The Campaign Spot

A Model of an Anti-Insurgent Campaign In a Democratic Primary

Over in today’s New York Sun, I have an article looking at a recent hire by the Hillary Clinton campaign, a smart guy by the name of Burns Strider. He’s best known for leading efforts at evangelical outreach among Democrats, but he also is believed to have had a hand in a tough primary campaign in Mississippi last cycle. The gist:

Strider also has recent experience helping a liberal female lawmaker quash the political aspirations of a young, up-and-coming African American in a Democratic primary. As Senator Clinton contemplates the rapidly rising star Senator Obama of Illinois and his recent interest in a presidential bid, the former first lady may wish to review Mr. Strider’s most recent experience with political hardball.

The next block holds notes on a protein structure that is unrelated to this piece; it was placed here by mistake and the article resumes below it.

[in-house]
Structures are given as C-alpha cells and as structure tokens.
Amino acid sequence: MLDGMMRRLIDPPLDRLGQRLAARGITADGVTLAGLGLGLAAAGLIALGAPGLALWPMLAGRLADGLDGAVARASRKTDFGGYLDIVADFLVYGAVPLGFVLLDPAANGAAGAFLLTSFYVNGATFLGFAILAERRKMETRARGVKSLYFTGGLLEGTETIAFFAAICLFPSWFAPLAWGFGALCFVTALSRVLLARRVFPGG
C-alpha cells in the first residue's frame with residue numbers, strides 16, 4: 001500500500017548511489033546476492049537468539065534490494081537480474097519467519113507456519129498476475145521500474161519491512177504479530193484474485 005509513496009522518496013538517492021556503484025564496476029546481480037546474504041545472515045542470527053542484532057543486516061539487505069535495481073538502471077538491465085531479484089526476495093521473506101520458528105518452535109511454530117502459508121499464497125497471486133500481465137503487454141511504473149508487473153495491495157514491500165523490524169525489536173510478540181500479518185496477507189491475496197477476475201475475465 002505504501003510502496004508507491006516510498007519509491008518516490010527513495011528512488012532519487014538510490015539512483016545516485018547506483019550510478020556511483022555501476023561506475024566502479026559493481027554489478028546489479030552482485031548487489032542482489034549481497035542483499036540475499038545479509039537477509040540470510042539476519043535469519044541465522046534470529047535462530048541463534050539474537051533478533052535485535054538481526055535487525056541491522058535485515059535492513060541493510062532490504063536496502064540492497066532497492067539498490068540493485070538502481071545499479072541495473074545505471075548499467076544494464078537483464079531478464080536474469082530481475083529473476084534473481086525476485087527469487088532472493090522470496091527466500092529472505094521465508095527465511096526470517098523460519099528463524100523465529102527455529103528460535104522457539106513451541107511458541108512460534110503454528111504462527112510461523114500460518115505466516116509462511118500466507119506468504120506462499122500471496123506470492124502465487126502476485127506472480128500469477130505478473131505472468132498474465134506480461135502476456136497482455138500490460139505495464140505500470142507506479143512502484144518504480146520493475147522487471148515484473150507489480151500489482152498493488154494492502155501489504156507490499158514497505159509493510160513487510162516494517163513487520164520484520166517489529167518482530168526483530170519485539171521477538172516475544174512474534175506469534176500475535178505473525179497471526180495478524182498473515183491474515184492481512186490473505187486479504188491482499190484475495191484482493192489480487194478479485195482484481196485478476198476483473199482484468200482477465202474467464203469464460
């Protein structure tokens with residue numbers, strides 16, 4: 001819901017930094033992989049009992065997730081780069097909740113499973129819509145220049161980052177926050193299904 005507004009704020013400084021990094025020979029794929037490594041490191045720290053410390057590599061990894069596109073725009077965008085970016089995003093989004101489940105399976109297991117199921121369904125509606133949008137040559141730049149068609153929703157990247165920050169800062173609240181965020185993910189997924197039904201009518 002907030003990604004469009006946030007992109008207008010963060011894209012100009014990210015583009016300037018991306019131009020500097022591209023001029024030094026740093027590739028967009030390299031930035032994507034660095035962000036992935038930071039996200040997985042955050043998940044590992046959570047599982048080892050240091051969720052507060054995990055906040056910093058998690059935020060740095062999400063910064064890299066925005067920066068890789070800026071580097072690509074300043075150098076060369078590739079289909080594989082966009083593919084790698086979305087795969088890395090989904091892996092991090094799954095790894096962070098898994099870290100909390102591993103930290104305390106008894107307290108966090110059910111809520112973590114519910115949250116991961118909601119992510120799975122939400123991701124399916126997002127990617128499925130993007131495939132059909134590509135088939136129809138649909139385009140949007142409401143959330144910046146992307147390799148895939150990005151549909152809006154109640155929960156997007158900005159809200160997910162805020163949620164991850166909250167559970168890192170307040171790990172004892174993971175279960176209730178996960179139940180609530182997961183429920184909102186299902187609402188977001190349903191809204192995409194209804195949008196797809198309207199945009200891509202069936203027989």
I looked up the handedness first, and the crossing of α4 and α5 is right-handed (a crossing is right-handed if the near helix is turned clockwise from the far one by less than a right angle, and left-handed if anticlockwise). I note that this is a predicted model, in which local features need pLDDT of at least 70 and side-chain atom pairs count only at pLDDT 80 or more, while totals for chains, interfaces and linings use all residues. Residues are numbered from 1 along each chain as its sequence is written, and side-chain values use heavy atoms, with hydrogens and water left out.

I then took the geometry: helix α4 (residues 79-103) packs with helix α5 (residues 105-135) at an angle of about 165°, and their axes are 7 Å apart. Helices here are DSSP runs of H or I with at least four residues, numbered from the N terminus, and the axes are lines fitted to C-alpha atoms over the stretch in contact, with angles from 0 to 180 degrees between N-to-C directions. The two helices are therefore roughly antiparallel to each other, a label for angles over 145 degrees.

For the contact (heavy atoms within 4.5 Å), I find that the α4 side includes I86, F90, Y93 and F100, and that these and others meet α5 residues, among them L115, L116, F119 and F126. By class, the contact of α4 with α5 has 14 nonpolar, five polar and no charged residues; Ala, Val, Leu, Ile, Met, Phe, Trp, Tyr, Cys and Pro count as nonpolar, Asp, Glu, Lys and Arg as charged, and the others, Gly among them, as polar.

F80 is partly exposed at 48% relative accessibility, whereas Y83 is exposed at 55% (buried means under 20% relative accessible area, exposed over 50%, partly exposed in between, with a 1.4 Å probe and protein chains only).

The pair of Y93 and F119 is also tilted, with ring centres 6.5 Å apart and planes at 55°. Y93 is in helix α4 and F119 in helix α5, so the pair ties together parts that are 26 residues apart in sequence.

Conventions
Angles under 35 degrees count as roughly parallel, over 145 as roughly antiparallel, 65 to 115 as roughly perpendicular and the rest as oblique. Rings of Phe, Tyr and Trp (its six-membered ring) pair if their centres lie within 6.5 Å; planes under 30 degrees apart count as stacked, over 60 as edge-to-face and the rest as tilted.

The battleground was Mississippi’s second congressional district, encompassing Jackson and rural parts of the Mississippi Delta, in the most recent election cycle. The state’s longest-serving and most influential African-American lawmaker, Rep. Bennie Thompson, had won re-election, but by a bit less than expected, in two straight cycles. A state legislator, Chuck Espy — the nephew of former congressman and Clinton administration Secretary of Agriculture Mike Espy — made comments indicating interest in a primary challenge in 2006.

The tactics Thompson used against Espy are far from certain to be elements of the Clinton campaign’s playbook – Mr. Strider wasn’t interested in talking to me, which is frustrating – but it is an interesting example of how hardball tactics can keep a young, talented challenger from getting traction in a primary.


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